Monthly Archives: June 2013

Lieutenant shows values based leadership under fire

I’m sure readers would have seen or heard of the recent issues within the Australian Defence Force around the behaviour of a group of men towards women and the video message from Chief of Army, Lieutenant General David Morrison, AO 1. Many commentators were impressed with the leadership he demonstrated in addressing, publicly, a cultural and systemic issue within the army.

I was also impressed with his media appearances in which he revealed the same level of forthrightness, courage and honesty. These are attributes which make for great leadership. And he was comfortable in delivering his message. As much as the subject matter distressed him, he still gave the impression of a person who was certain of what he was doing and saying. He was authentic in who he was and what he said.

But of course we are all different and “leadership has many voices. You need to be who you are, not try to emulate somebody else” 2 and that was what struck me most about Morrison’s public appearances; his self-awareness and his authenticity.

There is an excellent article in the Harvard Business Review of February 2007 2 titled “Discovering your Authentic Leadership” in which a number of questions are posed which seek to understand the elements of an authentic leader. They include:

  • What are your most deeply held values and how do your values inform your actions?
  • Are you the same person in all aspects of your life?
  • What are the people and experiences in your life that make you who you are today?
  • Do you have a support team around you which makes you a more authentic leader?

I find the last question the most challenging. As leaders, are we prepared to build a team around us which challenges us and tests our authenticity? Doing that means the road can be a little rough at times, but such a process ensures our values are tested and values need to be, if, as leaders, or indeed as a Movement, we wish to profess to strong values based leadership.

In the Y that team can come in the form of peers, a management team, or a Board. In my case I can add the National Leadership Team (NLT) and the CEOs around the YMCA Movement in Australia who contribute and support the Movement and myself in my role as CEO.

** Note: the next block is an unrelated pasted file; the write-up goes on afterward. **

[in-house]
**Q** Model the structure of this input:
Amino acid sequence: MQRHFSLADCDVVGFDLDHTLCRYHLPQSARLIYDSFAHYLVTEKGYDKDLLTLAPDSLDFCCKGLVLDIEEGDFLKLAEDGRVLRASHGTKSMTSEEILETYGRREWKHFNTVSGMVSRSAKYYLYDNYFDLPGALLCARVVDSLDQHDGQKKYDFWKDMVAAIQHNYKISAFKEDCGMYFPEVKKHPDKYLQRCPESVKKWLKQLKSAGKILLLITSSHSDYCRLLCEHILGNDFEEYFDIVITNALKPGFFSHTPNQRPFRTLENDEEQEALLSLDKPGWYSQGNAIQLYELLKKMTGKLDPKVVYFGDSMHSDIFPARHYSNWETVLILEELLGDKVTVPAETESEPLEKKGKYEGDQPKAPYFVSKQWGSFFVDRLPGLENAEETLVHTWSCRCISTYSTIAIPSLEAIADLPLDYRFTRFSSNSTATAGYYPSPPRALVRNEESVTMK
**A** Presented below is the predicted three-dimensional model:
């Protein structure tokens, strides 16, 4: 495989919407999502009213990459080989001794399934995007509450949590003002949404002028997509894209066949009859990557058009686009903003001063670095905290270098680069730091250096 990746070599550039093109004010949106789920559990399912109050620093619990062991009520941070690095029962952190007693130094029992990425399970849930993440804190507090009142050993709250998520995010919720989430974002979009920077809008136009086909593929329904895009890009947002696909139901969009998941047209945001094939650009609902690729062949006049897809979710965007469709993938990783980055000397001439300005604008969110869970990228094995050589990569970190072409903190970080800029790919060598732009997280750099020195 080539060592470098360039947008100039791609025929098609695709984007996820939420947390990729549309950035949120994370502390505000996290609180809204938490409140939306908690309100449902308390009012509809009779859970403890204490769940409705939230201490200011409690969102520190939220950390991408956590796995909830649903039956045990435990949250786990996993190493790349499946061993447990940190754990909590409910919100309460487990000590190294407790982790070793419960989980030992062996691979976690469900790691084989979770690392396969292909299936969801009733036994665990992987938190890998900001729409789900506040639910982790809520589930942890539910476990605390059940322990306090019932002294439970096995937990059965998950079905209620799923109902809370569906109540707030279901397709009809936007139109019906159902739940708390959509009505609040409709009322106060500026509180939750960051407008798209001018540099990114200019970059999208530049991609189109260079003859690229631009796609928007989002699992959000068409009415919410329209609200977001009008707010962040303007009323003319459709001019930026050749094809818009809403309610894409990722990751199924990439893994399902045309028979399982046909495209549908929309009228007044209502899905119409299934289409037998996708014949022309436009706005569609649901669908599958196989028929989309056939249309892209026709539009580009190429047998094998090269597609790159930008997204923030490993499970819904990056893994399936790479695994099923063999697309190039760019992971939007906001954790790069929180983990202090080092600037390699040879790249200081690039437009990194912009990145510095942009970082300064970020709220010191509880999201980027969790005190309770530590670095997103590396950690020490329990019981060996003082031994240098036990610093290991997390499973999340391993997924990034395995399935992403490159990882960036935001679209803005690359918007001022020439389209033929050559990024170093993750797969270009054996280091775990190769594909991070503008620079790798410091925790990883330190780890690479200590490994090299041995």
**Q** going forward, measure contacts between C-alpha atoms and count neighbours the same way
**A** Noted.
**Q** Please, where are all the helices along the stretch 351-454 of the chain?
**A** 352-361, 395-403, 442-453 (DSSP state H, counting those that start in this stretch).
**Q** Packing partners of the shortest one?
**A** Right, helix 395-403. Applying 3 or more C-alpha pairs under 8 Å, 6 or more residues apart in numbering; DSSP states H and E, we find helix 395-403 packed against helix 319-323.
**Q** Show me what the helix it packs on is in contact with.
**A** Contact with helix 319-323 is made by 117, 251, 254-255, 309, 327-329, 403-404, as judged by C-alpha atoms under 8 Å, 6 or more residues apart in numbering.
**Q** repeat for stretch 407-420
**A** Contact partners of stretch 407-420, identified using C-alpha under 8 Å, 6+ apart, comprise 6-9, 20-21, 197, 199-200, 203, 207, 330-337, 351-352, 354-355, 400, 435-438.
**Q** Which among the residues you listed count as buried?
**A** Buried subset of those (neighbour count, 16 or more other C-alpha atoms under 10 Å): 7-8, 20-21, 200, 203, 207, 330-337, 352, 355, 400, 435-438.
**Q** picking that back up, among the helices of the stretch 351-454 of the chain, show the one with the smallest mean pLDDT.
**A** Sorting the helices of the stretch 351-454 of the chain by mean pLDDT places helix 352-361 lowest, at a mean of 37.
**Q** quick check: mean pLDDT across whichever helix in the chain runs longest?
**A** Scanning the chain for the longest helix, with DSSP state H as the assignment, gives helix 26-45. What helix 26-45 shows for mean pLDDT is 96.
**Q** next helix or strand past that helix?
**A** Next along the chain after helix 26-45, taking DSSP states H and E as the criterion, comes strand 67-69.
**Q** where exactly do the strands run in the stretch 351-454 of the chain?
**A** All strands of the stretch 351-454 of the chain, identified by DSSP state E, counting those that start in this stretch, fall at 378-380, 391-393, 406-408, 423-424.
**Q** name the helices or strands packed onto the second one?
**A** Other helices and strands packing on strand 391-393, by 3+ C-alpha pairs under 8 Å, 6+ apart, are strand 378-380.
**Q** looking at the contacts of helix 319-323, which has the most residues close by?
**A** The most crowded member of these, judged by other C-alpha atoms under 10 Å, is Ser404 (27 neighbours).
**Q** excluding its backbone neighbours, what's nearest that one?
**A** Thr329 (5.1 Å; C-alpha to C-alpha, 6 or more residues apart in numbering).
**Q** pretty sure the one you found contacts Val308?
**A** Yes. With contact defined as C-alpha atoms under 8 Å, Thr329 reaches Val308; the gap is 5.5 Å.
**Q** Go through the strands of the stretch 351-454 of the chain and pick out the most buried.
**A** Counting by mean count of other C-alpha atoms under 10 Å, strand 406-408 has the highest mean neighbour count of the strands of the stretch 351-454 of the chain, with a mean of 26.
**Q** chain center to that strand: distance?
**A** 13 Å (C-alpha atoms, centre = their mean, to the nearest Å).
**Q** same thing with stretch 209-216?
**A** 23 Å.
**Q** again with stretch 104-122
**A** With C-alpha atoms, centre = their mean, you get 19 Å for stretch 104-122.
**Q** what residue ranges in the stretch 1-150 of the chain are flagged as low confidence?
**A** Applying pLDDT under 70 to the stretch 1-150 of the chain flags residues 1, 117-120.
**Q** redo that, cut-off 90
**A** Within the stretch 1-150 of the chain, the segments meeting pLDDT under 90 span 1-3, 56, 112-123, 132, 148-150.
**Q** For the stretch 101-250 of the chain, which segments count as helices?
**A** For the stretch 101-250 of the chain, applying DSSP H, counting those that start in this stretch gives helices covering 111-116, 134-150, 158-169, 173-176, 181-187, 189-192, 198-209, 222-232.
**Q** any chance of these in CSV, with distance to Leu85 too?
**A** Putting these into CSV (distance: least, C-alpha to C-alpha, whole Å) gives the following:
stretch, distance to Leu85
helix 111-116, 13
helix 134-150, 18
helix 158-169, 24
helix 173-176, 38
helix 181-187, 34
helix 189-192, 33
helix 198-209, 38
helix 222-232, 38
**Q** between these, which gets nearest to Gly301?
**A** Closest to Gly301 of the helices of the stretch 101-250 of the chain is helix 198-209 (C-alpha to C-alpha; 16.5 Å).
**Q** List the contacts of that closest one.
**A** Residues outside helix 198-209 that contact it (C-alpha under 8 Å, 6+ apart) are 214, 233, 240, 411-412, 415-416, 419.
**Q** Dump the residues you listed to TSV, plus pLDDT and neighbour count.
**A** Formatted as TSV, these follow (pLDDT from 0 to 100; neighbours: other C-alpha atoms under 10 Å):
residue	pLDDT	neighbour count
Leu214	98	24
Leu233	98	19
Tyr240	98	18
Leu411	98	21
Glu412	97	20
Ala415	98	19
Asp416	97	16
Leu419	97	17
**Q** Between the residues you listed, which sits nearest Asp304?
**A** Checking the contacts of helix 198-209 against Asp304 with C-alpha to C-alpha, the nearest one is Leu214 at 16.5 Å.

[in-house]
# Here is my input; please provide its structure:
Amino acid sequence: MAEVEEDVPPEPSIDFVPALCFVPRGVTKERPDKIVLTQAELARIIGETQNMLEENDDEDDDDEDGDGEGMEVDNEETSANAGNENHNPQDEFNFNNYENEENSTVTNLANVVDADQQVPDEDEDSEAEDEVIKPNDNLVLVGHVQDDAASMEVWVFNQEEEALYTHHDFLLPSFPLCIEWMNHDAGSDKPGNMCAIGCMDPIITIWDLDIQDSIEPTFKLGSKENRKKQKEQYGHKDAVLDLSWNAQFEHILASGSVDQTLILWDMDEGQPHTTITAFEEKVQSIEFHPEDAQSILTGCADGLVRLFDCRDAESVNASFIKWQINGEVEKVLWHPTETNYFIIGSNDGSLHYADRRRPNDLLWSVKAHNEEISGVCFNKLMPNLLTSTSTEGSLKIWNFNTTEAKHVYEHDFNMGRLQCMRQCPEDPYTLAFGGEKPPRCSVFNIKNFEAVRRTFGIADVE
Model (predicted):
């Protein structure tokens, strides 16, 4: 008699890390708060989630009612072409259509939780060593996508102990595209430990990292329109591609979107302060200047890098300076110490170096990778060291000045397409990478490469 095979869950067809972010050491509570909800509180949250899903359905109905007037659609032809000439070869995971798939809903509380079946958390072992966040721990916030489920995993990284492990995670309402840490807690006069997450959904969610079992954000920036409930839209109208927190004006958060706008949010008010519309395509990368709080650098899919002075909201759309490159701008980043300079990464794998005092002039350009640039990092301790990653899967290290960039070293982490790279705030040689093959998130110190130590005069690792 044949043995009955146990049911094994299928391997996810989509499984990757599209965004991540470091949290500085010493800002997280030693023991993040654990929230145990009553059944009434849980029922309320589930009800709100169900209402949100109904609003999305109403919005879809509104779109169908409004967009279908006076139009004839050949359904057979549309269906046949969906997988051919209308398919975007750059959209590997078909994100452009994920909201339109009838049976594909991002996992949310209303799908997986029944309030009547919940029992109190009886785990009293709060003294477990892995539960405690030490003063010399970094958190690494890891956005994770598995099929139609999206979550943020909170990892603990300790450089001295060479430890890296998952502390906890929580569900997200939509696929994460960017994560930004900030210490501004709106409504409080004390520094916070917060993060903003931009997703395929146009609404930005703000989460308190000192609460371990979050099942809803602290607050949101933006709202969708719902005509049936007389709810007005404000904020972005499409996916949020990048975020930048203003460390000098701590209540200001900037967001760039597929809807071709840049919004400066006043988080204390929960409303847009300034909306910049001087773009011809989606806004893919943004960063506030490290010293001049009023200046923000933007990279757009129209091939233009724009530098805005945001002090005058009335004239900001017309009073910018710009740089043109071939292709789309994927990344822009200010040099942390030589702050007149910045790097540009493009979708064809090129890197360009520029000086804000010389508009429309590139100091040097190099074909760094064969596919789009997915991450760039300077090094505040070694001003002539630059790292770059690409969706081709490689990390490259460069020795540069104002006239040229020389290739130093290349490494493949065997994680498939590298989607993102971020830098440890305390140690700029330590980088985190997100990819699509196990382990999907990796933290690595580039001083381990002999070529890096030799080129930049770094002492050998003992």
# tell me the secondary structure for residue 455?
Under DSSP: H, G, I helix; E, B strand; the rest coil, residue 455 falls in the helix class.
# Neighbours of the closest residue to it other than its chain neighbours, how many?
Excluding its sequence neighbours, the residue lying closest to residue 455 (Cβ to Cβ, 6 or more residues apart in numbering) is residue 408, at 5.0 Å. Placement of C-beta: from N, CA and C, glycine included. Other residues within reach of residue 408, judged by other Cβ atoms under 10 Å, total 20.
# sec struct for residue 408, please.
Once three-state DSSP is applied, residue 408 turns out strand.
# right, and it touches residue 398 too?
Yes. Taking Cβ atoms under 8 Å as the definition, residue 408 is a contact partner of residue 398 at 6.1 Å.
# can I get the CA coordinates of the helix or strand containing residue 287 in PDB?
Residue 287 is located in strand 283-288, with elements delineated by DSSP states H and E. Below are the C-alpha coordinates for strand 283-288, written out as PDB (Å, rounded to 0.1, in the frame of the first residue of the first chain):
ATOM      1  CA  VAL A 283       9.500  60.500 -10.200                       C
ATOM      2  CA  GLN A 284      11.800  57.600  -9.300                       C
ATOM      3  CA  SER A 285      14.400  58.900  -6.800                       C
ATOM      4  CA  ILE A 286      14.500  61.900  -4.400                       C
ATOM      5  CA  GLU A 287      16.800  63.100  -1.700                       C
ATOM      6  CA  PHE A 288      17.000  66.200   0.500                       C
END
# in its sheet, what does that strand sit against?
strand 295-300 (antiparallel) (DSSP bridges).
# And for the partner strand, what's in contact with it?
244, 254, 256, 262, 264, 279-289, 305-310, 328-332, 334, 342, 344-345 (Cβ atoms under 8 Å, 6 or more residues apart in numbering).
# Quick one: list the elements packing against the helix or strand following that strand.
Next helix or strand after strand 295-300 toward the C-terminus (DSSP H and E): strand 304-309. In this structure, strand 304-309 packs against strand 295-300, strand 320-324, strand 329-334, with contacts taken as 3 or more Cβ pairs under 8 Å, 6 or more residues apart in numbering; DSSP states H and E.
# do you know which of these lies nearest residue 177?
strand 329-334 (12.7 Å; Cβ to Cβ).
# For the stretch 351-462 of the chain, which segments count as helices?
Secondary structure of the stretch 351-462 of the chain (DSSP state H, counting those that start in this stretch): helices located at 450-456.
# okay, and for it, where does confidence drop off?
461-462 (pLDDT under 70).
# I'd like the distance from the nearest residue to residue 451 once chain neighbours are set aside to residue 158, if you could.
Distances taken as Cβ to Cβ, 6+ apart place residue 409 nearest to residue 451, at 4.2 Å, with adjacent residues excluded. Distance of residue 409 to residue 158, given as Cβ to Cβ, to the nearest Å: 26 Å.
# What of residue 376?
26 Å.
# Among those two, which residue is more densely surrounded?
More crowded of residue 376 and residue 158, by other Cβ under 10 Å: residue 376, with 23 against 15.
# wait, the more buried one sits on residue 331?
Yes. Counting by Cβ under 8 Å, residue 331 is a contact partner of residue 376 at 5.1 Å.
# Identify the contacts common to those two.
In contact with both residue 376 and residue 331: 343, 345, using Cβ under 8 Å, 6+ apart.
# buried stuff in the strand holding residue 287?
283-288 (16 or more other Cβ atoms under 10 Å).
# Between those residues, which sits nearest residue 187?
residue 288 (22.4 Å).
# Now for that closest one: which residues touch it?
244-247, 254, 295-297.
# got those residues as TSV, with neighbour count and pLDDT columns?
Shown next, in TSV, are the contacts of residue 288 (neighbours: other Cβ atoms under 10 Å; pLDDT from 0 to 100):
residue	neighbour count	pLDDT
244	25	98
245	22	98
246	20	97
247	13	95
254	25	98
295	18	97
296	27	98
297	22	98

Lieutenant General David Morrison, AO, gave us a lesson in values based leadership and showed courage under fire by saying that an organisation, of which he has been a member for over 30 years, wasn’t up to scratch. Morrison well and truly took responsibility, but behind him, I’ve no doubt, there was a support team and perhaps in that respect, the credit for this incisive, courageous piece of leadership, can be shared.

Have your values as a leader been tested, and how have you responded?

  1. Youtube video
  2.  Harvard Business Review of February 2007 “Discovering your Authentic Leadership”

Custodians of a 169 year old ideal

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cus·to·di·an   [kuh-stoh-dee-uhn]  (noun)  a person who has custody; keeper; guardian.

As we celebrate the 169th anniversary of the founding of the YMCA it is a good time to reflect on our personal roles within this world wide Movement.

If I look at my own experience within the Y, I’ve been fortunate enough to have held a leadership position for close to 13 years. This represents 7.69% of the current life of the YMCA since it was founded by George Williams in 1844! A speck of time and somehow, for me, it puts in place my role within the YMCA Movement.

The YMCA Movement’s history has been a long one that millions of volunteers and staff have contributed and committed to, including those of us currently engaged with the Y in Australia and around the world.

So with that perspective, I see my role, like that of all of us within the YMCA, as one of a custodian. Custodians of something tangible and intangible, never set in stone, always moving, always impacting, always compassionate and above all, always serving.

For me, my role as a custodian, in terms of our time and place within the Movement, means I have a responsibility to do my part to maintain the integrity of what is the YMCA. That means more than simply protecting the brand or good name of the Y. It means to do my best to ensure the Y remains relevant to community needs, that it maintains and doesn’t weaken its values base, that it understands and draws on its spiritual base, particularly its Christian roots and that it remains focused on its mission to provide opportunities for all people to grow in body, mind and spirit.

I’ve used the word “I” a lot in describing my role and I’ve done so intentionally because of what I see as my personal responsibility within my role as National CEO. But we are a movement of people, of ideals, of passion, with different and often competing views and aspirations for ourselves and for the Movement. That diversity makes the Y what it is!

So as custodians we cannot work alone.

It calls on us to work together, not as owners of a ‘brand’, but as custodians of an ideal, born 169 years ago, to help and provide opportunity, for all people.

Here’s to the next 170 years!